The Indonesian Phinisi Sailing Vessel
Windjammers, seafarers and the emblem of the Phinisi
Indonesia is an archipelagic nation made up of over 17,000 islands, so it is hardly surprising that this is a realm of seafarers and windjammers. For centuries, the people here have sought to become one with the ocean, using its vast resources to feed their families, its endless power to transport their goods and its grandeur and mystery as a constant source of folklore and inspiration. Ruling the waves is a fundamental part of this diverse, adaptable and vibrant country’s history as well as its strength, with the Phinisi standing as the cornerstone of this noble nautical tradition.
The romance of an elegant pirate ship
This glorious yacht, also sometimes spelt Pinisi, is evocative of a bygone era with elegant scooping bowsprits, multiple sails and soaring masts that simply draw people into their embrace. They set fire to the imagination making you desire to run your hands over the ironwood and inhale the freedom of the salty ocean breeze thus supernaturally liberating your inner Captain Jack Sparrow to voyage upon the high seas.
The Evolution of Modern Phinisi Tourism
The idea that this trading vessel could be utilised as a leisure craft was pioneered by a small group of European born Indonesian residents who saw valuable untapped tourism potential. In the beginning, during the late 1980’s and early 1990’s, this was about ferrying backpackers around far-flung destinations without much transport.
With this modification of use came more adaptations in design and soon these boats were back in fashion as the latest luxury cruising craft. Ingenuity and adaptability have breathed new life into this boatbuilding tradition and brought it slap bang into the 21st century. These spit and sawdust vessels now often come with serious horsepower and are air-conditioned, with state of the art water filtration systems and beautiful designer décor.
A United Nations Accolade
In December 2017 the United Nations Educational, Scientific and Cultural Organisation (UNESCO) decided to recognise the cultural significance of the Phinisi boat-building tradition. During the 12th Session of the UNESCO’s committee, they defined the ‘art of boatbuilding in South Sulawesi’, as part of a ‘millennia-long tradition of … boat building and navigation’, as part of the world’s Intangible Cultural Heritage. Other existing UNESCO listings for Indonesia’s outstanding cultural expressions are the wayang kulit shadow-puppet theatre, the wavy-bladed kris dagger and the extraordinarily beautiful art of batik.
A brief history on the waves
For over 100 years, beginning in the middle of the 19th century, the Phinisi has been designed and built by the Bugis (and Makassan) people originating in South Sulawesi. These proficient seafarers were actually key participants in the world’s ancient spice trade and also had age-old economic and cultural links with nearby northern Australia and its Indigenous coastal populations.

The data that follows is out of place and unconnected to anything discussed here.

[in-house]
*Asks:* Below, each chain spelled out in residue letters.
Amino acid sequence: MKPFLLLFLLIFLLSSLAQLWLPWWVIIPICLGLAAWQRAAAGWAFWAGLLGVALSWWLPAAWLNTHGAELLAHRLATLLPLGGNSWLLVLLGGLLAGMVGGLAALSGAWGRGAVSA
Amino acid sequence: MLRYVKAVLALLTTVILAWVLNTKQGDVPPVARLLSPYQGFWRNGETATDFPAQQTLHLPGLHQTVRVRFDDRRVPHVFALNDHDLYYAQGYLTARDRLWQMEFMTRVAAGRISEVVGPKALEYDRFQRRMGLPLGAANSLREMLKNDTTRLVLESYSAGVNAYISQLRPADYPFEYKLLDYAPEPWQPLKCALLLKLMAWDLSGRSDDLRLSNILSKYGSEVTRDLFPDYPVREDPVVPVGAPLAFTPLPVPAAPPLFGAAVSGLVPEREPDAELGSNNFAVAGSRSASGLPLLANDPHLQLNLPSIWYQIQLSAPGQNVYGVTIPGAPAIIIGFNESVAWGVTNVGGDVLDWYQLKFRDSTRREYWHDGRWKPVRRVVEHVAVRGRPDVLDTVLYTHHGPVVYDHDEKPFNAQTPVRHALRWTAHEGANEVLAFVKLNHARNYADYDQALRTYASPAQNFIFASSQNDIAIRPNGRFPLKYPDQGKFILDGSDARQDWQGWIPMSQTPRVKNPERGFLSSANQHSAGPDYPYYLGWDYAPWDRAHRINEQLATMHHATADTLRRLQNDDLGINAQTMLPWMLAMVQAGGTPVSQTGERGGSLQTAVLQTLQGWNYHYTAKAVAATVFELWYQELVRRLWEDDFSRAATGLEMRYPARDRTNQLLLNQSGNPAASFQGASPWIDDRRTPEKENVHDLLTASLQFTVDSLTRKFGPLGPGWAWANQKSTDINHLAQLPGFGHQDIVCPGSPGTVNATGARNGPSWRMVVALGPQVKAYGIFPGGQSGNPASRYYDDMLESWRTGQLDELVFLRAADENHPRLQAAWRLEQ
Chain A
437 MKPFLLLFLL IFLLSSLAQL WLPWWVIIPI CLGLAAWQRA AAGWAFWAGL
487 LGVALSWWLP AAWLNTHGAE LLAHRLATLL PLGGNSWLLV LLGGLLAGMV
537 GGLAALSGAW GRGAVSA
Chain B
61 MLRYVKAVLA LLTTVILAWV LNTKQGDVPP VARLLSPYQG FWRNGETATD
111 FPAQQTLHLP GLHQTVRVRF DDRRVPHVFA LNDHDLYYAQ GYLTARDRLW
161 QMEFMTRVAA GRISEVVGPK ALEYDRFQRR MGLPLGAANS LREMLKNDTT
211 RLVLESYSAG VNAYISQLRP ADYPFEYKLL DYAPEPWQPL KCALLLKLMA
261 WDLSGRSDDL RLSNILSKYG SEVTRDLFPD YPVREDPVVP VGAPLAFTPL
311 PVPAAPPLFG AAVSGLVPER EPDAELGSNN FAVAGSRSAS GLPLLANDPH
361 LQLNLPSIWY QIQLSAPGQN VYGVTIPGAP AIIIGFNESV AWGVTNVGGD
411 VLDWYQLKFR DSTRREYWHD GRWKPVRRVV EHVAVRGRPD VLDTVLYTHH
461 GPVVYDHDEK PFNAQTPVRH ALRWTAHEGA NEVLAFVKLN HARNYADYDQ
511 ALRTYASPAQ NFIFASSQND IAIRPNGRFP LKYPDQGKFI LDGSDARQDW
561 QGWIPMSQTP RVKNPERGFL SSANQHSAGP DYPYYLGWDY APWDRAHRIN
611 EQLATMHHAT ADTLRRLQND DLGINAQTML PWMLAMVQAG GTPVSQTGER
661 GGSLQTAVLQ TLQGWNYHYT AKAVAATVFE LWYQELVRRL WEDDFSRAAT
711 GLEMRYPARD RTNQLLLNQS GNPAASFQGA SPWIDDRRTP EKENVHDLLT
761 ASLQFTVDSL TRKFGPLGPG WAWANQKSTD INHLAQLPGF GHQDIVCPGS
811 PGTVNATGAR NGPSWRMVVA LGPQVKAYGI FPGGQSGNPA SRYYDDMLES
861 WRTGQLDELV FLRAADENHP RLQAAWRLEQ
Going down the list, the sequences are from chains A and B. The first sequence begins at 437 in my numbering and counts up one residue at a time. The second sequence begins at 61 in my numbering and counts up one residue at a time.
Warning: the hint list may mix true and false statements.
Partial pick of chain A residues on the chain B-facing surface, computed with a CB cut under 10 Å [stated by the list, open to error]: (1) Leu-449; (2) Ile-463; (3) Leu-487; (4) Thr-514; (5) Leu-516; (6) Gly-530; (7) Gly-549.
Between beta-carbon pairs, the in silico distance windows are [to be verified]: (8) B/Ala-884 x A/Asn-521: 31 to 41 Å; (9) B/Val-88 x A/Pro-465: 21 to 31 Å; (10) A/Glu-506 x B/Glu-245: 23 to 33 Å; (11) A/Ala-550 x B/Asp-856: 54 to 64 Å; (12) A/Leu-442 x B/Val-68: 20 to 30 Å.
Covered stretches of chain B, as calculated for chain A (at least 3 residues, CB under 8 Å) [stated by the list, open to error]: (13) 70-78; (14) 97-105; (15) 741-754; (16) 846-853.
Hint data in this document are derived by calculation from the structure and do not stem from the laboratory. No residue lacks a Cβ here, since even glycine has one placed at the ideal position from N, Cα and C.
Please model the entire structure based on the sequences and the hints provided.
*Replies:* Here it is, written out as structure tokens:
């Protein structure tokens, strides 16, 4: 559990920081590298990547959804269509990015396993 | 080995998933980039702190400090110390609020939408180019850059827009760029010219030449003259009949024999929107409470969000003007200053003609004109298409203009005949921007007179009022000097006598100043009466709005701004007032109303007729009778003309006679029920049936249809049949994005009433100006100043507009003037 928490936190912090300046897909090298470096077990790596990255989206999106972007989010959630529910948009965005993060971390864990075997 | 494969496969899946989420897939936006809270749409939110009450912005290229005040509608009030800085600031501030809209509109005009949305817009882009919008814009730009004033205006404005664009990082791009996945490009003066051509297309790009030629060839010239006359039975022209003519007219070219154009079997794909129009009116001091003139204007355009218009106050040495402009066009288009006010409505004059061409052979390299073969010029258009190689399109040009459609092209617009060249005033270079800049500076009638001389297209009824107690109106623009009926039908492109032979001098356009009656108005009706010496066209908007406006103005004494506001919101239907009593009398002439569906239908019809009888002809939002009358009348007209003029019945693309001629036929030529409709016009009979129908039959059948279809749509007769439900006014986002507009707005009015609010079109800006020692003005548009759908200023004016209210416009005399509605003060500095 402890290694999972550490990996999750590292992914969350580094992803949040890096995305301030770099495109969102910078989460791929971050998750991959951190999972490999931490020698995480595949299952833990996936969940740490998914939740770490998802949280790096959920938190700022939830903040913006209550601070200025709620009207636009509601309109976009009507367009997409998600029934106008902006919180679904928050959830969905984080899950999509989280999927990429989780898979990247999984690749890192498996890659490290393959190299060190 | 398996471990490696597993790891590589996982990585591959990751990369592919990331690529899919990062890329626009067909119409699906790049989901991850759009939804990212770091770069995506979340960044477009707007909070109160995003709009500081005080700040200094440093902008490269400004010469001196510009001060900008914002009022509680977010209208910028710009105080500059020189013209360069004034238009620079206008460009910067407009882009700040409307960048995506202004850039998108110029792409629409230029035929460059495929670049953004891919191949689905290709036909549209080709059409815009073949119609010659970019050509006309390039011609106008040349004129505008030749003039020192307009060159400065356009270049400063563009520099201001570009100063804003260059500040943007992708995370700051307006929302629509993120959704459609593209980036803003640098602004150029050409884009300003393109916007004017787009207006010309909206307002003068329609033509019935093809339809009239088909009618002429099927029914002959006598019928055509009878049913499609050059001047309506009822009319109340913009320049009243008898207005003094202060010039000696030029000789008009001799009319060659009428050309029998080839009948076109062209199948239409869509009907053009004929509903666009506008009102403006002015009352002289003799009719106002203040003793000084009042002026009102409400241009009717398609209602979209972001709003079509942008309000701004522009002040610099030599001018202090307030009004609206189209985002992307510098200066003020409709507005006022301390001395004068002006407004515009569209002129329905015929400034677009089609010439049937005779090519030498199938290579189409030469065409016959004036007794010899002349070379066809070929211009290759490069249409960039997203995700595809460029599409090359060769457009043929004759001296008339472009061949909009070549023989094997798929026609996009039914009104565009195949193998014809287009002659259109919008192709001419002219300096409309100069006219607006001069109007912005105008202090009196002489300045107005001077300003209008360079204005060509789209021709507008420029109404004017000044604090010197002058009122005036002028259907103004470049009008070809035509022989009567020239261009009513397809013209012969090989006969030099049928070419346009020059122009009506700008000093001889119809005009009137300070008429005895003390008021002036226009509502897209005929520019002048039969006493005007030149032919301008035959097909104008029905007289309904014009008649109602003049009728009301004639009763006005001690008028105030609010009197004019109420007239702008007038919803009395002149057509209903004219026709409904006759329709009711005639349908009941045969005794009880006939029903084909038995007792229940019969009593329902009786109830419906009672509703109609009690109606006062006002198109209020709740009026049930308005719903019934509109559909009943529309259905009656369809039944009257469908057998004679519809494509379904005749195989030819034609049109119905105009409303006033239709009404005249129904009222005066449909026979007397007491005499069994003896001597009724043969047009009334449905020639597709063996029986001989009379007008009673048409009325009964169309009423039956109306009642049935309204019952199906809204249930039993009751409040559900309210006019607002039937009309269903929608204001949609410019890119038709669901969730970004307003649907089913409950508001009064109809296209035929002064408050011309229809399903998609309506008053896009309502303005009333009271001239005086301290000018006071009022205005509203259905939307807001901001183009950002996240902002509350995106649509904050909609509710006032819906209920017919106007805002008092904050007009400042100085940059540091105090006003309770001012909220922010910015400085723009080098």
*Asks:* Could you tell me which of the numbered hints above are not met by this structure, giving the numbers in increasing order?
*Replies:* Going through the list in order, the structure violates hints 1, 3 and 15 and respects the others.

Originally, Phinisi were the engineless trading ships comprising a tall, powerful, topsail-ketch rig with unusual, permanently standing gaff booms. (A ketch is a fore-and-aft rigged vessel with two masts, where the larger or main mast is always forward of the smaller mast.) Furthermore, the boat’s design changed very little until the mid-1970s, when owners began to add motors and therefore had to adapt the hulls to withstand the vibrations.
Ritual and ceremony in the 21st Century
Today the term Phinisi is also applied to very big, motorised timber ships which are still hand-built in the South Sulawesi tradition by Bugis or Makassan shipwrights who trade all over Indonesia. Enormous trading vessels weighing over 500 tonnes are still built on beaches by the heirs of the Phinisi custom in the 21 century.
Today, the builders might incorporate some modern technology into the construction process to speed things up a little but essentially what they do has changed little. The dynamic and evolving design of this legendary boat still embraces ancient ritual and ceremony and these are central to UNESCO’s recognition. The Phinisi was originally never built to drawn plans but was created miraculously using a series of proportions memorised by master builders combined with ritual, prayer and ceremony.
The original designs were made using timber planks that were cut and sculpted using an adze and chisel with each piece being distinctively shaped and named before being fastened by wooden pegs or bindings of rattan. No iron fastenings or saws were used at all.
These amazing vessels have evolved and changed along with demands of the world showing an organic resilience as deep as the ocean itself. Moreover, this spirit of innovation coupled with (slightly ironically) a respect for cultural customs makes the Phinisi a fitting emblem for Indonesia and it appears on everything from banknotes to bags of rice.
Prana the most luxurious Phinisi on the waves
Prana was built in the traditional Bugis-Makasar maritime heritage and the team are committed to preserving the precious history of the Phinisi. We use auxiliary sailing rigs (as well as engines) and our Indonesian crews must learn and use the ancient sailing skills of their forefathers thus keeping the traditions alive.
This luxury Phinisi provides every contemporary comfort as well as embracing its rustic heritage. With over 900 square metres of usable space, 4 decks and 9 lavish ensuite cabins you will be more than well looked after.
Onboard you will also find provision for wakeboarding, scuba diving, paddle boarding and water-skiing as well as a spa and a cinema under the stars. If the boat builders of yesteryear could see this phenomenal vessel they would think that it had been constructed by the sea Gods themselves.